17 of 20 people found the following review helpful
Stephen H. Wood
- Published on Amazon.com
CONTROVERSIAL CLASSICS VOLUME 2: THE POWER OF MEDIA is one of the crown jewel disk boxed sets in my private DVD library. It includes three incendiary masterpieces from the golden age of the 1970's: DOG DAY AFTERNOON (1975), NETWORK (1976), and ALL THE PRESIDENT'S MEN (also 1976). All three were Oscar contenders for Best Picture, and all three were winners for Screenplay.
DOG DAY AFTERNOON, directed by Sidney Lumet from a script by Frank Pierson, is so far-fetched that it has to be true. On a hot summer afternoon in 1972 Brooklyn, a nobody named Sonny Wortzik (Oscar nominee Al Pacino) robs a bank to pay for his male lover's (Oscar nominee Chris Sarandon) sex change operation. What should have taken ten minutes ends up becoming an eight hour media event, complete with pizza delivery to the hostages. Lumet took over an entire block in Brooklyn, had the hostages in effect play themselves with improvised dialogue, and worked like an Army commander with a thousand or so extras and stunning second-unit helicopters. The movie has incredible vitality and conviction from Lumet, powerhouse editing by Dede Allen (another Oscar nominee), and another of the great Pacino performances. Bonuses include a vintage featurette on Lumet, brand-new audio commentary by Lumet, and a four-part 30th anniversary featurette. Plus a brand-new remastered print of a great film.
If you thought DOG DAY was looney tunes, get a load at Paddy Chayefsky's audacious Oscar-winning Original Screenplay for another great Sidney Lumet triumph: NETWORK (1976). It is a satire on network television, but so outlandish that virtually everything (except the ending-thank God) has taken place. An unbalanced man (Oscar winner Peter Finch) becomes a media folk hero with super ratings. Oscar winner Faye Dunawaty lives only for ratings-and even discusses them in bed with producer William Holden (at his very best and and an Oscar nominee). Beatrice Straight is electrifying as Holden's wife in one Oscar-winning scene. ("I'm your wife, damn it! And if you can't work up a winter passion for me, the least I ask is respect and allegiance...Are you in love with her? Then say it. SAY IT!") Then the question arises over what to do with Finch's Howard Beale character ("I'm as mad as hell and not going to take it anymore!") when his ratings seriously fail. NETWORK is a brilliant satire that is almost reality thirty years later. And the direction, writing, and performances are all flawless. Bonuses here are huge: PRIVATE SCREENINGS: SIDNEY LUMET (2005) from Turner Classic Movies with Robert Osborne, a vintage Paddy Chayefsky interview from "The Dinah Shore Show", a new 90 minute 30th anniversary filmmaking documentary, and a brand-new Lumet audio commentary. Figure on three nights for this baby.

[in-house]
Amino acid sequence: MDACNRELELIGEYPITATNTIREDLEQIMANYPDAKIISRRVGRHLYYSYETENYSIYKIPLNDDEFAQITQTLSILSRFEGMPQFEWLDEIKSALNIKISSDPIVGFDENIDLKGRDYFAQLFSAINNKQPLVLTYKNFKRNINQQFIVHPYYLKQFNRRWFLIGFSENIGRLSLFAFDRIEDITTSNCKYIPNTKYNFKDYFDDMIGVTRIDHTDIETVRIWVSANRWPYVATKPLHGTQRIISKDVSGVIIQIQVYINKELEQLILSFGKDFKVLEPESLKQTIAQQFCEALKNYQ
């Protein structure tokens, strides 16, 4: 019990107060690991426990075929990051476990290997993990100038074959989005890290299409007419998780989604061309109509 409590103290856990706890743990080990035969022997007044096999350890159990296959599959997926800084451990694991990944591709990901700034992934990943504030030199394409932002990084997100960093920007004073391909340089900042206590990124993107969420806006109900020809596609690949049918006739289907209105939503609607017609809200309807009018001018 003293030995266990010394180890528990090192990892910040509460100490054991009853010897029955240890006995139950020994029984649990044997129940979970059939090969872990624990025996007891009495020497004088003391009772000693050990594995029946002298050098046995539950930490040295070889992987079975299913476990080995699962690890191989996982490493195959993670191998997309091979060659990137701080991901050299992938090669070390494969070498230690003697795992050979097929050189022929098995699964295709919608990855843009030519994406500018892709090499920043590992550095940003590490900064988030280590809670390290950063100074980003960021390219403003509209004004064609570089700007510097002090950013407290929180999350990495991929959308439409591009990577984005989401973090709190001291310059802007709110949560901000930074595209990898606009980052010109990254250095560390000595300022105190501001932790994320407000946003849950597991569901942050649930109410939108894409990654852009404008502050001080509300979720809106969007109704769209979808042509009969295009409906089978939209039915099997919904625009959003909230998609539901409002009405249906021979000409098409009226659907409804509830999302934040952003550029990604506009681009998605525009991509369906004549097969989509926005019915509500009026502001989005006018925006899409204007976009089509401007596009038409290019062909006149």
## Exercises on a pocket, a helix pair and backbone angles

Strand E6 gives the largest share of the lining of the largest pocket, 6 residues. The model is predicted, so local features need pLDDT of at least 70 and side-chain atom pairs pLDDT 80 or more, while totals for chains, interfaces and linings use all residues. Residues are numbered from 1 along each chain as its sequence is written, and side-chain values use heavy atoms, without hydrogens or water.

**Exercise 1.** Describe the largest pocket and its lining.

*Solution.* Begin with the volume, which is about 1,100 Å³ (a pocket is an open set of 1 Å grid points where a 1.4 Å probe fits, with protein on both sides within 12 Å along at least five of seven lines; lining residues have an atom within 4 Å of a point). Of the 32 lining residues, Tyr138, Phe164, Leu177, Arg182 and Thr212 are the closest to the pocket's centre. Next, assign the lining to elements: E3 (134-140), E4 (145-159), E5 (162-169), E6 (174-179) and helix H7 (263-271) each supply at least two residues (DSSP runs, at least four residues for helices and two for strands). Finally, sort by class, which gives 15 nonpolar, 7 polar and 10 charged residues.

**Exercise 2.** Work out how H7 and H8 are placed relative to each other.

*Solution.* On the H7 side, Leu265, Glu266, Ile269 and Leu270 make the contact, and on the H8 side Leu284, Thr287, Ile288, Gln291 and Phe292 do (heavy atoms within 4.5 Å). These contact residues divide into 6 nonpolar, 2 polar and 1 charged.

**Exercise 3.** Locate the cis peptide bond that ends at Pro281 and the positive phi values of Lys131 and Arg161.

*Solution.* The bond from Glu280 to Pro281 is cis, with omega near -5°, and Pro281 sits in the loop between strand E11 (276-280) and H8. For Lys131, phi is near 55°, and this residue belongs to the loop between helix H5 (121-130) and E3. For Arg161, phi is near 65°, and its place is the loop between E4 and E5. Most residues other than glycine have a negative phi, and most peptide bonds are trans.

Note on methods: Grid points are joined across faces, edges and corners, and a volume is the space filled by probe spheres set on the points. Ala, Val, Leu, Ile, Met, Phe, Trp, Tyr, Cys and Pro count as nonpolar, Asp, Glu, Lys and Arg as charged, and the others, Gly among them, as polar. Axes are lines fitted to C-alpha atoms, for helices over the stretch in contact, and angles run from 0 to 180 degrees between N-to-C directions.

Best of the lot is producer-director Alan Pakula's ALL THE PRESIDENT'S MEN (also 1976), with an Oscar-winning screenplay by William Goldman. Both of them together make the saga of Watergate, the fall of President Richard Nixon, both understandable and gripping. Our heroes are WASHINGTON POST reporters Bob Woodward (Robert Redford) and Carl Bernstein (Dustin Hoffman). A huge and wonderful supporting cast includes Oscar-winner Jason Robards as editor Ben Bradlee, Oscar nominee Jane Alexander as The Bookkeeper with some secrets, and Hal Holbrook as the enigmatic Deep Throat who is only glimpsed in shadowy night parking garages. Realism and actual locales help this one a lot. Bonuses on this masterpiece, that should have won Picture and Direction Oscars, include audio commentary by co-producer Robert Redford, a new filmmaking documentary, a documentary on who Deep Throat really was now that we know, a documentary on how Woodward and Bernstein cracked the case, a vintage filmmaking documentary, a vintage chat with Robards on DINAH!, and a gallery of theatrical trailers for other movies in this vein from the late Alan J. Pakula.
CONTROVERSIAL CLASSICS VOLUME 2: THE POWER OF MEDIA will keep you out of trouble for as long as nine nights (!), three per movie if you watch all the bonuses, so only rent it this one boxed set the week you order from Netflicks. It sells on Amazon.com for about $55. It is a sobering lament for an era when movies could be brilliantly written dramas about the media for intellectual adults. DOG DAY AFTERNOON, NETWORK, and ALL THE PRESIDENT'S MEN are masterpieces in a stupendous boxed set that I cannot recommend highly enough if you have a huge block of time for them. Consider buying them and spending two weeks doing all of the extras and the lenngthy movies leisurely.
5 of 6 people found the following review helpful
- Published on Amazon.com
I bought this set primarily for All The President's Men and Network. At the approximately $44 USD price I paid, that made the set just slightly more expensive than buying these two movies separately, but I did not own Dog Day, not had seen it, for years. The latter is a good movie as any of you who've seen it will know, but it's my least favorite of the three. I would have preferred, say, The China Syndrome, but that's just my preference.
I will leave more thorough content description up to others -- it's probably more thorough to look at each movie separately on Amazon and see the reviews just for that movie, but I will add a what I found interesting. I thought I would try doing something that has helped me when reading other movie reviews, which is to suggest films that might be of similar interest. They may or may not be for you, but I have discovered many fine movies this way. Note the links I embedded were the best available at the time from Amazon. If you are interested in any of these, you may find a non-special edition version or similar that is cheaper than what's linked here, so be sure to look around in order to ensure you're getting exactly what you want (DVD region 1 vs. 2, directors cut vs. regular version, etc) as prices differ.